Then neither parent took the child to emergency care. Instead the police allege that Limpert laughed when her daughter was high and put the toddler in a cold pool to "shock" her.

Someone who witnessed the incident called the Arizona Department of Child Safety. Police arrested Limpert at her home for child abuse, cultivation of marijuana and possession of marijuana, among other charges.

At the Limpert's home, the police found a bag of psychedelic mushrooms, a bag of marijuana, and three large tubs of THC butter in her fridge. T…

Man Burns His House, So His Ex Wife Won't Get It

Australian, Krste Kovacevski, burned down his house the day before it was going to be handed over to his ex-wife, Naumka Kovaceska, in a property settlement. He lost an appeal in which he argued that he didn't commit any crime by starting the fire. 
K. Kovacevski and N. Kovaceska divorced in 2015 after being separated for several years.

On 22 July, 2016, a judge finalized the property settlement proceedings between the former couple and ordered K. Kovacevski to leave their cottage, where he since in 1991, and hand it over to N. Kovaceska within a couple of months.

K. Kovacevski signed the transfer agreement on 3 August. But after midnight on the morning of 4 August, he set the house on fire and it was completely destroyed.
According to court documents, K. Kovacevski confessed to starting the fire when police arrived at the scene and found him by a garage at the back of the property.

He was convicted of intentionally destroying with fire property belonging to either his ex-wife or…

Ohio Inmate Fights Execution Based on Age

Ohio death row inmate Gary Otte is motioning to have his death penalty rescinded for the third time before his execution date on September 13, 2017. Otte robbed and murdered two people on consecutive nights in 1992 and was convicted on two counts of aggravated murder and sentenced to death when he was 20 years old. The state of Ohio allows the penalty for those older than eighteen.

A recent court decision in Commonwealth of Kentucky v. Bredhold found that the death penalty is unconstitutional for a defendant who was younger than 21 at the time of his offense. It cites that based on current scientific understanding that the brain and emotional development of young offenders reduces their accountability for the death penalty.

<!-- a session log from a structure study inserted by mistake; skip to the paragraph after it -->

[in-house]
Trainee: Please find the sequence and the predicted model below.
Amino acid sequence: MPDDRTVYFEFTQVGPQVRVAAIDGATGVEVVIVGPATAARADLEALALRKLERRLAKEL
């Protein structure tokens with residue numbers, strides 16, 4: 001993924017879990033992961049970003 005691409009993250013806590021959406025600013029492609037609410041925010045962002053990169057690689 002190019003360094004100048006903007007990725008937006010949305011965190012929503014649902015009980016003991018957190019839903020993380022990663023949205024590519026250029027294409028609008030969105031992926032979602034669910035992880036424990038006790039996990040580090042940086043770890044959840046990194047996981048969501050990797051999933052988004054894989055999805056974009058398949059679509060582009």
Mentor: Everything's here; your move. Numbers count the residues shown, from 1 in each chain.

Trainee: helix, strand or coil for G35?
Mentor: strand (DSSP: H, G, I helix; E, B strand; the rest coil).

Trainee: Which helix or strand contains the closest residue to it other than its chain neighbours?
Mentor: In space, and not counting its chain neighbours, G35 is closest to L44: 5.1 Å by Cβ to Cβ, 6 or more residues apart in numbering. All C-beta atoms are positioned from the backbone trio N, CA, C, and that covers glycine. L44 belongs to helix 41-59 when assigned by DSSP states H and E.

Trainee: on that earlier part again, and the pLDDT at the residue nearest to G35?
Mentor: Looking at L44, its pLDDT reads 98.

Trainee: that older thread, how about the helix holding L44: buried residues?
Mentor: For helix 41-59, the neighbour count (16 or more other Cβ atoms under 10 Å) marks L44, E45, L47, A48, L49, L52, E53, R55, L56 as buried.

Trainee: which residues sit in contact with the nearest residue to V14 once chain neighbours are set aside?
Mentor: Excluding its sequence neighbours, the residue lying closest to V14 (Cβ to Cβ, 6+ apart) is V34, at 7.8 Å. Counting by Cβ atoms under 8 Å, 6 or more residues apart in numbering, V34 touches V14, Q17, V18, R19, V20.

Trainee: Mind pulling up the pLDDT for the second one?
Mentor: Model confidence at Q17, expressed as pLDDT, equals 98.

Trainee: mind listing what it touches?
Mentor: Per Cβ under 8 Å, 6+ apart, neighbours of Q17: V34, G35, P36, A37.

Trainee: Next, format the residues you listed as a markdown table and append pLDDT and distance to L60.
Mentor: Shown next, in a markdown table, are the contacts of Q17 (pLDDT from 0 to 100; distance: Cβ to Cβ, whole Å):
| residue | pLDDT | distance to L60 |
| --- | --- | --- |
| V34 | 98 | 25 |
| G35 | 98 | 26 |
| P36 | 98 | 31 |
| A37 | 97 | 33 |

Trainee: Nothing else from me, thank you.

Otte is arguing that his death sentence is a violation of the Eighth and Fourteenth Amendments. His lawsuits goes further to note that scientists have discovered brain systems and structures that are involved in self-regulation and higher-order cognition which cont…

7th Circuit Upholds Puppy Mill Ban

The Seventh Circuit ruled that banning sales of out of state breeders does not violate the Commerce clause, and should help reduce puppy mills. Since the law's enactment, pet stores in Chicago are limited to selling dogs, kittens, and rabbits purchased from animal shelters, nonprofit humane societies or animal rescue organizations.

Before it's effect in 2015, Chicago based pet shops brought up a federal complaint that accused lawmakers of doing more to help puppy mills with the law than shutting them down. The complaint argues that the ordinance does not eliminate the facilities, but eliminated the source of commercially bred puppies in the county that are highly regulated. So consumers wanting a pure-bred puppy will go straight to the source(the puppy mill) instead of going to the pet stores.

The Seventh Circuit found that they failed to state a claim. U.S. Circuit Judge Diane Sykes states that, "the puppy-mill ordinance doesn’t discriminate against interstate commerce, …